Finally, assume that the three current playoff teams within two games of the Jazz (HOU, DEN, MEM) continue on pace through the rest of their games.  To get to fourth, the Jazz need to best those three plus Dallas and the Clippers.
·         The Clippers are 6-7 (.462) since March 1, a pace good enough to land them between Minny and Portland for the year.  The Clippers have 21 games remaining; if they step up a bit and finish 11-10 that’ll put LAC at 37-29 going into the playoffs.  That’s a .560 record on the season, slotting them between Memphis and Denver.  11 of the remaining 21 games are on the road, though April is far more road heavy than March (9 of 14 April games are on the road).  They have ten back-to-back games remaining as well.  However, it’s entirely possible that the Clippers turn the ship around (ha!) and return to form, as they only face 6 top-tier opponents before the post-season (but only 7 lotto-bound franchises).
·         Currently Dirk and the crew are riding a 4-game win streak (including a 17-point blowout of Denver at The Can on Monday), but they also have lost 8 of their last 14.  The reigning champs are still a savvy team, and more likely than not, this streak is the beginning of a serious push to land a division title and home court advantage.  But the nature of DAL’s remaining schedule favors a more modest picture.  Dallas has 19 games to play, with 7 of those games against top-4 teams.  11 of the 19 are away games for the Mavs, and 10 are back-to-backs.  Dallas does still get to see ten games against sub-.500 teams, but six of those games are on the road, and two of them are against the Knicks (if that means anything).
Between these two teams, I think the Clippers probably don’t hang on to the four spot in the West.  Given the remaining schedule and the recently blasé ball, they don’t stay 7.5 games ahead of the Jazz for long.  The Mavs are more likely to continue with their existing pace, if not improve their winning percentage.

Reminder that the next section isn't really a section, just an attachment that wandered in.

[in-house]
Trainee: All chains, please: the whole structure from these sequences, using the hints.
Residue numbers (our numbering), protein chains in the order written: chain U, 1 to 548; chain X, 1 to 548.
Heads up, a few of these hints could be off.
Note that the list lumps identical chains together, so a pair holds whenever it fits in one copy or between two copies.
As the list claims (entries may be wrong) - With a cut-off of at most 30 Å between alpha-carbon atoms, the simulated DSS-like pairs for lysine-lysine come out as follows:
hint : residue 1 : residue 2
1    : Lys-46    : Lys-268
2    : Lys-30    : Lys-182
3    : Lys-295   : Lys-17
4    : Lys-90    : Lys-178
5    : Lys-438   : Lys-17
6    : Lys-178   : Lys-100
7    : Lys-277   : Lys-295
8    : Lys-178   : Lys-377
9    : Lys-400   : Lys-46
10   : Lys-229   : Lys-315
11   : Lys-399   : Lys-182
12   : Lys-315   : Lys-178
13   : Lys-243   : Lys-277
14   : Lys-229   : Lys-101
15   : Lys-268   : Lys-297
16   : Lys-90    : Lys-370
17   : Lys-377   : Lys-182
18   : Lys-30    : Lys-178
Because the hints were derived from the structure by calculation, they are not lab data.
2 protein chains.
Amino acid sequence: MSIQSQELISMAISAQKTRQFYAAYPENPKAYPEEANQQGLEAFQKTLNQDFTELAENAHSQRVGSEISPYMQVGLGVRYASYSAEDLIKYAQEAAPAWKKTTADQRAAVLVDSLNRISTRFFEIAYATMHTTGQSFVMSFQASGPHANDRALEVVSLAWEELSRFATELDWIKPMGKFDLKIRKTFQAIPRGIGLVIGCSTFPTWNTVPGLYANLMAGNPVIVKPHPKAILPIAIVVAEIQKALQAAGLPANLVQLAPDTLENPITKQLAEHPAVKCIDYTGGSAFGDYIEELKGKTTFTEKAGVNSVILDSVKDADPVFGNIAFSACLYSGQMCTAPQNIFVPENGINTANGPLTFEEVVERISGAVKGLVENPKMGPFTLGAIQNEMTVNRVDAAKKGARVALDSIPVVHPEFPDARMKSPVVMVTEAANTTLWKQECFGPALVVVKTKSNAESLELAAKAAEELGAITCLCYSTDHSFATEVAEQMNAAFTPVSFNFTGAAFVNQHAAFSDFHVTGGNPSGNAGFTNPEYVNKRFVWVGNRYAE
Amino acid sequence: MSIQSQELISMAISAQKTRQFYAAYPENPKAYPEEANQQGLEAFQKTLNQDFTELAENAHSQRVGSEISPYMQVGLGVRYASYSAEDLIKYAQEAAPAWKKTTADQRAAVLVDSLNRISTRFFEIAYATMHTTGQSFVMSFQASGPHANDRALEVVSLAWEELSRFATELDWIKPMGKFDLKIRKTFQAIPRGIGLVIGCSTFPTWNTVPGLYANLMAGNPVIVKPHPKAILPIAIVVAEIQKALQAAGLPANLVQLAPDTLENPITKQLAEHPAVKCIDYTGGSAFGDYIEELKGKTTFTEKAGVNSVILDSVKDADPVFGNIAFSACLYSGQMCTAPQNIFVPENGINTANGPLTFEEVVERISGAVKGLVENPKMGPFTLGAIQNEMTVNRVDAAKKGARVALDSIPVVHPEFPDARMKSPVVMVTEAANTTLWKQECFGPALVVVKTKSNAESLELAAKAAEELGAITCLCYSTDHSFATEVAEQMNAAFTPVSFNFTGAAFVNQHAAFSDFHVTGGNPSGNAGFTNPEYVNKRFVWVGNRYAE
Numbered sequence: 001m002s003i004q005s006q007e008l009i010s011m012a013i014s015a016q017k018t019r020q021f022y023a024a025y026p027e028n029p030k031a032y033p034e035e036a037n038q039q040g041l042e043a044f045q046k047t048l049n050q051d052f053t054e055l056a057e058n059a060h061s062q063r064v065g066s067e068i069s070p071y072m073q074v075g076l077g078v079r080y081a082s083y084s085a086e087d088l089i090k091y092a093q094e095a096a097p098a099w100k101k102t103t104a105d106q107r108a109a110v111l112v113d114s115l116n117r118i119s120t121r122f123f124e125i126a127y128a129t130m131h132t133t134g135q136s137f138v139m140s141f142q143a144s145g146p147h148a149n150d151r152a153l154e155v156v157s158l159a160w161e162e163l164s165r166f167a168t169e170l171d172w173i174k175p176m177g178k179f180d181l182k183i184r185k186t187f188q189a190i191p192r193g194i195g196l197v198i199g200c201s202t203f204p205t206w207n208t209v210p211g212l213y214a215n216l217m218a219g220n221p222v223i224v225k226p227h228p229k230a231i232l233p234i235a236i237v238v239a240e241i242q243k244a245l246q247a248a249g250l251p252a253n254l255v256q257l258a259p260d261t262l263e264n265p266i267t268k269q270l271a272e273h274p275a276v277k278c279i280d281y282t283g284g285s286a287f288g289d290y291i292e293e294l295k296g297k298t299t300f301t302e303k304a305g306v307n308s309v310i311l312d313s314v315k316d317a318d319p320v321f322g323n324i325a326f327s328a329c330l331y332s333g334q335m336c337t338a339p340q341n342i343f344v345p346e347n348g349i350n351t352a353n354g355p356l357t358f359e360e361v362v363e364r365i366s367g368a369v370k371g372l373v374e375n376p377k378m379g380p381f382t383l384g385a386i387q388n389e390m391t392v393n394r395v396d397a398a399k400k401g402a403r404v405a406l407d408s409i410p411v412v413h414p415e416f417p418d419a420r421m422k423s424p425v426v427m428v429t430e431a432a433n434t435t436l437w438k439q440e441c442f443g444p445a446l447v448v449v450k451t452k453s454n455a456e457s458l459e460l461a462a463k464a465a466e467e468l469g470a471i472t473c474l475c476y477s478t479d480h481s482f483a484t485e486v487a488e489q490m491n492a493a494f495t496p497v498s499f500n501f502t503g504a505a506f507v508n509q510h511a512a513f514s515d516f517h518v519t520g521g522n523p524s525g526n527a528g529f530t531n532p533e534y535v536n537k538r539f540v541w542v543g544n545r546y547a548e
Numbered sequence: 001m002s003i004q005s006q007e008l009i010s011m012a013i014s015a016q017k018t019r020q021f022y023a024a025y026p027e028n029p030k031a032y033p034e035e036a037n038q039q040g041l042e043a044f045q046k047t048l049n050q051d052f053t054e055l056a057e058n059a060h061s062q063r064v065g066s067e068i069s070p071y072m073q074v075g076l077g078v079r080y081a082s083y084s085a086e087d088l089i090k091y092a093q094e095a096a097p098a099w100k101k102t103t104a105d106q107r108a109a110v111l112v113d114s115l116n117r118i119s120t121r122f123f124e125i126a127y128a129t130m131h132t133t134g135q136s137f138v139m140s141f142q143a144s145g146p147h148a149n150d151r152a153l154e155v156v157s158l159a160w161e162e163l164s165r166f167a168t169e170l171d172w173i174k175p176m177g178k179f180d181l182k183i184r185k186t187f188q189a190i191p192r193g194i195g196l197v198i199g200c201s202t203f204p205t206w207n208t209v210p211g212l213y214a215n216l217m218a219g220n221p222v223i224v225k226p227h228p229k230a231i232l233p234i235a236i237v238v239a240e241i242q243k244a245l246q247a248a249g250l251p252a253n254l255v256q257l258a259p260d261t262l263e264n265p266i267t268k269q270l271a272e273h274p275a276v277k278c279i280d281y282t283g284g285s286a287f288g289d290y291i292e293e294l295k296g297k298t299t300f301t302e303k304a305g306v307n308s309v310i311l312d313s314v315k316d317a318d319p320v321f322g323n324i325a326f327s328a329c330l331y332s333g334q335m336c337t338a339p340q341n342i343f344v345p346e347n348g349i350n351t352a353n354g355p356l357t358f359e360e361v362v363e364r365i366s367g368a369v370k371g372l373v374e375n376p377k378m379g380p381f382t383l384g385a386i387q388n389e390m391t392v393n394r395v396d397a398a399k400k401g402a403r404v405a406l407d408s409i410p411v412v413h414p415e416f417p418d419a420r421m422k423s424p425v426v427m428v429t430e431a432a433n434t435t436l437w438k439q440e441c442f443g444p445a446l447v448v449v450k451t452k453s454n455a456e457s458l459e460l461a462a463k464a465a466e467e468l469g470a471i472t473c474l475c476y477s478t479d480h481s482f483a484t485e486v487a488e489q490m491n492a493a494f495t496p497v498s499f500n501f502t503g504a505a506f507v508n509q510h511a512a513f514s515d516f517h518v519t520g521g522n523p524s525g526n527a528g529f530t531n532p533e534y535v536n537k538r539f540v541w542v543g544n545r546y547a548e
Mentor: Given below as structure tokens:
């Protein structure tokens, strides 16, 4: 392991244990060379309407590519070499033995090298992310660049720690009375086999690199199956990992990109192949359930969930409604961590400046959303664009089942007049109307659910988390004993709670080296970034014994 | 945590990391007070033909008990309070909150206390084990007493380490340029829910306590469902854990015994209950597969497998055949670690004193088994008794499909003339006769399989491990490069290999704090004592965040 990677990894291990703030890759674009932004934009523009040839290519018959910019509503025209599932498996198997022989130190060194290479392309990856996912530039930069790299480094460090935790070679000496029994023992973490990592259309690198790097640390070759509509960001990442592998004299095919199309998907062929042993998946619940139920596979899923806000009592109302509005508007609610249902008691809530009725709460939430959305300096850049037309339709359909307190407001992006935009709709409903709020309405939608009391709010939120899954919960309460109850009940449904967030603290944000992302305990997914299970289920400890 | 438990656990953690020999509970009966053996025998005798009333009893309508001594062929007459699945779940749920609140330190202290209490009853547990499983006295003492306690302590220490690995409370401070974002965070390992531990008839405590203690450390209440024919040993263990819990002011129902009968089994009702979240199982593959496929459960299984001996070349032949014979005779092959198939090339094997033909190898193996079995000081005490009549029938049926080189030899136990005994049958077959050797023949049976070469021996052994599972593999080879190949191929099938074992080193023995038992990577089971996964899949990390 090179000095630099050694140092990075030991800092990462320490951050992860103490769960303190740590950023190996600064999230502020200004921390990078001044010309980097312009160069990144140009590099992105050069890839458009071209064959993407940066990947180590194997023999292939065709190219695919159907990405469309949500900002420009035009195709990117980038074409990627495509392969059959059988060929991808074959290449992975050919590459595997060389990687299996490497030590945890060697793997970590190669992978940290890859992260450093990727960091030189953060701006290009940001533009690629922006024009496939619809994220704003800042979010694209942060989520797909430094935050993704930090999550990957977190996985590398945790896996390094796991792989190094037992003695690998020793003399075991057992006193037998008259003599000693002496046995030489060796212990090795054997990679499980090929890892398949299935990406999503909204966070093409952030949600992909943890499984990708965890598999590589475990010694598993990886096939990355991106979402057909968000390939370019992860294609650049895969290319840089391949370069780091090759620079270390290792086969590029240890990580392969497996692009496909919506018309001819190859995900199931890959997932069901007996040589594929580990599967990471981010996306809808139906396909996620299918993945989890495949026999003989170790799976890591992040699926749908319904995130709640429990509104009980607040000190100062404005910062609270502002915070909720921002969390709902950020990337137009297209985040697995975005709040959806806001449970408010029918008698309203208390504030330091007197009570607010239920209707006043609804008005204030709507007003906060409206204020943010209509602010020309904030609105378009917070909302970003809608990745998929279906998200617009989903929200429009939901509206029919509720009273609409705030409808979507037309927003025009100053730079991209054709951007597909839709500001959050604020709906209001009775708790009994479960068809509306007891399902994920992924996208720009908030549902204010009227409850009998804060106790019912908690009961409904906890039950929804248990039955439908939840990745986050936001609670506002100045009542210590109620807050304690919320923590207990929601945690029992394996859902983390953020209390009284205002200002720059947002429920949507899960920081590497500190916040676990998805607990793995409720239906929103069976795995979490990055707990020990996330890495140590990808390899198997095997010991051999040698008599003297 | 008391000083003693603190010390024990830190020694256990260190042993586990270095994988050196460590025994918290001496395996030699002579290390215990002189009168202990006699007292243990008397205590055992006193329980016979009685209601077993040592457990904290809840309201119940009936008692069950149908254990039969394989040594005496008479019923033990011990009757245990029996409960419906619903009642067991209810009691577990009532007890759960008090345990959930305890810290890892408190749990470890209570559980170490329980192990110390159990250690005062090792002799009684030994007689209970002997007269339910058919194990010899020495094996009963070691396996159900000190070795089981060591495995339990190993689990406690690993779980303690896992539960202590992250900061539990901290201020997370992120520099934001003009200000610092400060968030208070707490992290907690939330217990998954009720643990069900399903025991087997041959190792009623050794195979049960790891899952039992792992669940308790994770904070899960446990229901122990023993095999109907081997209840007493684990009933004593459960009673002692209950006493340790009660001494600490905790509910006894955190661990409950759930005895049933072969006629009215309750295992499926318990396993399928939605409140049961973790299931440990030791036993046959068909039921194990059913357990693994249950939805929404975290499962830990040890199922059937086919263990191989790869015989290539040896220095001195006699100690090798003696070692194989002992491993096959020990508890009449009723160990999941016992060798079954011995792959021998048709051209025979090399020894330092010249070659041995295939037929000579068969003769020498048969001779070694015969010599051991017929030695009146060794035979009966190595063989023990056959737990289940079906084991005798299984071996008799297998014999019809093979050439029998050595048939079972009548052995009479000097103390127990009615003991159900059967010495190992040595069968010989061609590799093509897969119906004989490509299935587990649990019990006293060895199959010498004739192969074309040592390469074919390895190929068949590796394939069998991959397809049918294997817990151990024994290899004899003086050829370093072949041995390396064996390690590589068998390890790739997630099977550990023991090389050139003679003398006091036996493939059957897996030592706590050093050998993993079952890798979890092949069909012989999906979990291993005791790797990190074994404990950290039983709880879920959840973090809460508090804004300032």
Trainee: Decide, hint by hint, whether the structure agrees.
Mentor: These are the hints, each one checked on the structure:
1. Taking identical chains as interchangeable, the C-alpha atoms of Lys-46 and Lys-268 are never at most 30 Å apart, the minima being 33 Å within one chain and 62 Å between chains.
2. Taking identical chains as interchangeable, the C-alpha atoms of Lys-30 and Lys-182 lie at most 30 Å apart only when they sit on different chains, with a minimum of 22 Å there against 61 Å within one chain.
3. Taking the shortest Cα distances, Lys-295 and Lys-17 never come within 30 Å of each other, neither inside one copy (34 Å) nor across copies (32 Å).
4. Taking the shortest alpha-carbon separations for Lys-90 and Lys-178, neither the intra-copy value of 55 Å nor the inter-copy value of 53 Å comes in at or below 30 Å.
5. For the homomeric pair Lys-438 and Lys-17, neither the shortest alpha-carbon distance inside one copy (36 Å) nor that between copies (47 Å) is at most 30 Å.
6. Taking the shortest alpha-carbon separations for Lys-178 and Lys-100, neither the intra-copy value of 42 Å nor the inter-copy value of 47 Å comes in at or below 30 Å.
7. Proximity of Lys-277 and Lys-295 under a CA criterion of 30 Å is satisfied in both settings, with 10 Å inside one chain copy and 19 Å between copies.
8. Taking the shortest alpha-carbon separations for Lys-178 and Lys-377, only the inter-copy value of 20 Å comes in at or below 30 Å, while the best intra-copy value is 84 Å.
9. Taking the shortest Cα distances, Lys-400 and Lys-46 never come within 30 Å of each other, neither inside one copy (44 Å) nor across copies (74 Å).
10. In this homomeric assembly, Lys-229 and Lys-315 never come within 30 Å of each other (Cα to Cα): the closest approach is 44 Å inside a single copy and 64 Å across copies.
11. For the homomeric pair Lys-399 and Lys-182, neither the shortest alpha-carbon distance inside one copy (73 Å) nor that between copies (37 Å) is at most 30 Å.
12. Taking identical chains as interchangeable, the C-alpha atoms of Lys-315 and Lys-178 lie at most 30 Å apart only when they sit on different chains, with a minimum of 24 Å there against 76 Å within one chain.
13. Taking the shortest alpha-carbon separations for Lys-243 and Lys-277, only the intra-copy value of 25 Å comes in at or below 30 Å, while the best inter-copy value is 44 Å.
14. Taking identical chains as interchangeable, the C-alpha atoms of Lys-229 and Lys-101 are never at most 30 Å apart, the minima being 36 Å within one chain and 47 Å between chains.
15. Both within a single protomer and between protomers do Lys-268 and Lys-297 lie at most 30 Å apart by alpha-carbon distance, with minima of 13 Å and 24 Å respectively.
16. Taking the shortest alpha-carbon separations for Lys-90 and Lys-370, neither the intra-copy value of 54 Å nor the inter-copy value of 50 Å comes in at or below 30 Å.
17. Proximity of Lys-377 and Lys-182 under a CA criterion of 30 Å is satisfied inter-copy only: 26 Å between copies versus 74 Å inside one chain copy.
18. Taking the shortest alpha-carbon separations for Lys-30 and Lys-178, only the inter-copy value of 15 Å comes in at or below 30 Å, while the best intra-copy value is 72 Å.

So what’s the takeaway here?  A good close to the season puts the Jazz at .545; a great close wraps up at .591 (see point four).  It’s unlikely that Houston, Denver, or Memphis is going to surge much at this point, and the Clippers are trending downwards.  So to see a Jazz team that ends the season in fourth in the West, there are two things will suggest the gods are smiling on The House That Larry Built.

First is to see the Mavs struggle as the season winds down.  That .591 record is good enough for the Jazz to push the Mavs out of the top four by itself, but with the more realistic .545 Denver is going to have to finish 9-13 (not to mention that .545 isn’t enough to move past Memphis).  For a team with Dirk and the Jet attempting to repeat a championship, that’s not terribly likely.

The other will be to see the Jazz win one or both of the back-to-backs against the Spurs.  Those two games are games 11 and 12 of the 20 remaining, and the Jazz’s final back-to-back.  Beating the #2 team in the West obviously would be a huge ego boost going into the final stretch, where the Jazz are likely going to be controlling their own destiny as to who they will face in the first round.  If the Jazz can beat SAS twice, it makes finishing sixth or seventh much less intimidating and gives us momentum going against (likely) them in round one.  Lose both of them, and it seems that the .545 record is going to be a tough nut to crack.